New Kru Town Residents Identify “Lack of Rule of Law” as Threat to Peace

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Over 50 participants in a dialogue in the Borough of New Kru Town on August 28, 2019 identified “lack of rule of law and drug abuse” as conditions that are posing a threat to the fragile peace in the country.

Lawlessness and violence have been reported in recent days, one of which involved the reported attack on representative candidate Teila Urey in Montserrado County District #15. During that incident, Telia narrowly escaped death, while some of her supporters sustained injuries.  Ms. Urey’s vehicle was totally destroyed as a result of the violence.

Residents of New Kru Town, during a dialogue, said that failure on the part of the government to enforce the law impartially is leading people – mainly youth – to embrace violence as a way of life.

“Impunity is undermining peace and stability here, because when people do wrong or go against the law, they are left unpunished, especially people who have money to bribe judges. To reconcile and have peace in the country, impunity must end so that the government can implement the law to the letter,” said Thomas Cassell.

James T. William, a youth, said that young people are the driving force behind violence in the country, because they no longer represent themselves as a result of “drug abuse.”

James added, “We commit injustice against the people we claim we are leading. Instead of working to improve our society, community leaders and national government sometimes put political and personal interest ahead of the rule of law and carry out injustice against people.”

Daniel Sahn and Alexander Vinton agreed with James’s comment that justice was being sold to rich people, while young people were engaged in drug abuse that often made them mentally retarded (crazy).

Sahn said until the government makes drug trafficking and abuse a non-bailable crime, it will be difficult to control the flow and use of drugs, which is facilitating violence and destroying the future of Liberian youth.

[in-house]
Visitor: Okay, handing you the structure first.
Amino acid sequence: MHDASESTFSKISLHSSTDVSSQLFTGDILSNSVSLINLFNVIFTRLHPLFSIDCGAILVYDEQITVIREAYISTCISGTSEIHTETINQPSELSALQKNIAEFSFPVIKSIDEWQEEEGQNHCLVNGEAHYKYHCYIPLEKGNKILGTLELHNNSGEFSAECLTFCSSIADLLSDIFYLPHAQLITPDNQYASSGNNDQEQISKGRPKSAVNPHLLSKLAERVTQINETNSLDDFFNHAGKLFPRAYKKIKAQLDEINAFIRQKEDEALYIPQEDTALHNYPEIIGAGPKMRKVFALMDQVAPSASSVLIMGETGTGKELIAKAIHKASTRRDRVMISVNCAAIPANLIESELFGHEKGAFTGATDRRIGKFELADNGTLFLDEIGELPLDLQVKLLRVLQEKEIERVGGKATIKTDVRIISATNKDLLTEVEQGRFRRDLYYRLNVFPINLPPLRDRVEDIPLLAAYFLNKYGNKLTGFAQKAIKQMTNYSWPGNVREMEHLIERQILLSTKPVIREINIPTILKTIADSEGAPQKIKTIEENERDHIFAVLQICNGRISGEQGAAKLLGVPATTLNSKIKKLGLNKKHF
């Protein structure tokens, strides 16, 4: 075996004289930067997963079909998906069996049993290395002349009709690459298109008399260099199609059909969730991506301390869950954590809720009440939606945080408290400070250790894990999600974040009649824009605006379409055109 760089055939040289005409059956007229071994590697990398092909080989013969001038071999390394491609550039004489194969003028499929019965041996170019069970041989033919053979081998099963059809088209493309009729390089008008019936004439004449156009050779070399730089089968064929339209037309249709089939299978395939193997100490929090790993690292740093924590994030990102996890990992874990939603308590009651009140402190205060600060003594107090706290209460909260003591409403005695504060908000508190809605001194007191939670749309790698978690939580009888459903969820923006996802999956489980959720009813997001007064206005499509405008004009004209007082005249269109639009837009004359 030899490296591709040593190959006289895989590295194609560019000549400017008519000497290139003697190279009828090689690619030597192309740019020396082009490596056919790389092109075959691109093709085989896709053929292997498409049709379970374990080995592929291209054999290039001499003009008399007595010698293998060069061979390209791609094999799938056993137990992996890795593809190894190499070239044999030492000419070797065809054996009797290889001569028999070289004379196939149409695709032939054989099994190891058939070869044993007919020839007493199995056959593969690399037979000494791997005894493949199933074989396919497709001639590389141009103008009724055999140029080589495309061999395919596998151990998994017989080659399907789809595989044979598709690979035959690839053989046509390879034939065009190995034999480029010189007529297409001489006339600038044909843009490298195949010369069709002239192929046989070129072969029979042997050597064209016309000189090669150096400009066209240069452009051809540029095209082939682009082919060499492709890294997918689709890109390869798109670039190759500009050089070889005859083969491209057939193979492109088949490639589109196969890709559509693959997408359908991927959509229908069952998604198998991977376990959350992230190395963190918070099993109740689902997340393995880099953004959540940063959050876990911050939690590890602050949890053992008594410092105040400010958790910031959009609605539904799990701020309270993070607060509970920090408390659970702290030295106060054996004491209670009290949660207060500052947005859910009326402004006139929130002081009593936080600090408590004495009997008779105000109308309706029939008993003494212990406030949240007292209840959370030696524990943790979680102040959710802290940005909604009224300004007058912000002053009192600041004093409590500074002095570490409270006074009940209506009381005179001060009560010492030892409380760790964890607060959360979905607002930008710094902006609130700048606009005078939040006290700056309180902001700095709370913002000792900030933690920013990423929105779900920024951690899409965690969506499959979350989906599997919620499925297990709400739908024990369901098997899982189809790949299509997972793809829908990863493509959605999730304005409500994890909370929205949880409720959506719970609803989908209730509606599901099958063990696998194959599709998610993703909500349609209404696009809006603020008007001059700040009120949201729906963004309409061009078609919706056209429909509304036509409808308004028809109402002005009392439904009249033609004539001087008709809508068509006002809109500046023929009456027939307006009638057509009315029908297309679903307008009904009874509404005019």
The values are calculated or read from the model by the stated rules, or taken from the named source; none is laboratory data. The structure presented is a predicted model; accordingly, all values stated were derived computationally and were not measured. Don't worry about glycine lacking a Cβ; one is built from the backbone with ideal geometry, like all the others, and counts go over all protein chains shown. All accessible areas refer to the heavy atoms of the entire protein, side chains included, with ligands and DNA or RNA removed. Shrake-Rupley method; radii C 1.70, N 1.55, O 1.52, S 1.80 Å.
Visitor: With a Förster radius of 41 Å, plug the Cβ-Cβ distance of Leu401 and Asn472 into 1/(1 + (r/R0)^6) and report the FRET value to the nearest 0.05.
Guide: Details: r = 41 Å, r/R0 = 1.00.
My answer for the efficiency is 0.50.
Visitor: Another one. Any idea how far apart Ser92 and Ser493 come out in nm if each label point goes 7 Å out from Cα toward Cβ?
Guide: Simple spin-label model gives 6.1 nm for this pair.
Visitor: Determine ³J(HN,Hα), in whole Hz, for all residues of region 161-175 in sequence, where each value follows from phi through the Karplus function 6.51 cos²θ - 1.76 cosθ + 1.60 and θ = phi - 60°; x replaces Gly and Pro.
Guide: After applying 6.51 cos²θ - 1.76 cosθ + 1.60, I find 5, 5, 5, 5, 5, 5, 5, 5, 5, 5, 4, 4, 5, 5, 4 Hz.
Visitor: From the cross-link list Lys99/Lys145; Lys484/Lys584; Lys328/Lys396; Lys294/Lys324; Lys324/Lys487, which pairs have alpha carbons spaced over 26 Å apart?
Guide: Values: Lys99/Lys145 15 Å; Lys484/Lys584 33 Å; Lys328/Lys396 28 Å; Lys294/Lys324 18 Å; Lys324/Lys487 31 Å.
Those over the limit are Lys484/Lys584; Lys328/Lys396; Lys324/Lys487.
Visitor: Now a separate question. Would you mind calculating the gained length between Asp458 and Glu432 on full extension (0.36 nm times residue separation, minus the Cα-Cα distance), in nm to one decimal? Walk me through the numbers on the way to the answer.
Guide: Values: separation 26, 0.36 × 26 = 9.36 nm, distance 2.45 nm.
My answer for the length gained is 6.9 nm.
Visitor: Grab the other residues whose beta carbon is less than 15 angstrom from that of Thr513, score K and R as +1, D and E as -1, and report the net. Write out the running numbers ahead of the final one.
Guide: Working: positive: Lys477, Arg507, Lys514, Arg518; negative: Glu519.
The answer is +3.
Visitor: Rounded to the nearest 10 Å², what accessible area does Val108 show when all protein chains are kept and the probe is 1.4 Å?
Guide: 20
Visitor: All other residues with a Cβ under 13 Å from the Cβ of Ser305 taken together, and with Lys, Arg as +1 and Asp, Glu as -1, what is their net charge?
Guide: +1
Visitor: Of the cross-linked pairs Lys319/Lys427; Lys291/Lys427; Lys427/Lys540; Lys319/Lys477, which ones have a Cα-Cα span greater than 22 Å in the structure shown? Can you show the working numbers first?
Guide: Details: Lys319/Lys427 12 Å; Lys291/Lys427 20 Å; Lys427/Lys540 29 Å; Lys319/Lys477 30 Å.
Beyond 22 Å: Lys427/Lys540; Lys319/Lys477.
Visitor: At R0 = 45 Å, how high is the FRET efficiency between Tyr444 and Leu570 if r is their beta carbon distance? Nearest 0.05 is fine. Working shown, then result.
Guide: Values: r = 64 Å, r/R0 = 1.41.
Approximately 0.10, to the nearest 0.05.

Frank D. Shannon, in consonance with others, also emphasized land crises in Liberia as one of the threats to peace.

Shannon said many people are engaged in selling a parcel of land to two or more people, thus brewing conflict.

Bedell S. Fahn, on the other hand, blamed the wave of violence and division in the social sphere of the country squarely on the media, noting that the media and social media users are sending out hate messages against government, thereby making others to see it (government) as the only cause of the problem.

In Annavo Yarsiah Johnson’s view, she said instability of Liberia’s peace now is also facilitated by “transferred aggression.”

“People who are not parties in a conflict are sometimes invited into it by a party, and this is a way of escalating conflict because the person they go against has his/her people too who come in defense of him/her,” she said.

The gathering in which residents of New Kru Town expressed themselves is a County Reconciliation Dialogue under the theme, “Advancing Reconciliation through Legislative Reforms and Civic Engagement.”  It is a project implemented by the National Youth Movement for Transparent Election (NAYMOTE).

NAYMOTE Executive Director Eddie Jarwolo said his organization is carrying out the project in seven counties.

Jarwolo said NAYMOTE Partners for Democratic Development supported by the United Nations Program Peacebuilding Support Office (UNPSO), has completed 39 dialogues totaling 1,067 males and 794 females across the seven counties.

“These dialogues are increasing the participation of diverse stakeholders in developing the counties’ reconciliation roadmap, engendering local ownership of reconciliation processes and mitigating drivers of conflict so that sustainable development can take place in these counties,” NAYMOTE said in a release.

The release named illicit mining, illicit drugs, ritualistic killing, and limited access to quality services, education and health, boundary disputes related to land, drug abuse, rape and sexual violence, accountability, declining economy, low police presence in most communities as issues undermining reconciliation and peace.

NAYMOTE Partners for Democratic Development in collaboration with the Liberia Peace-building Office of the Ministry of Internal Affairs with support from the United Nations Peace-building Support Office, implemented the project.

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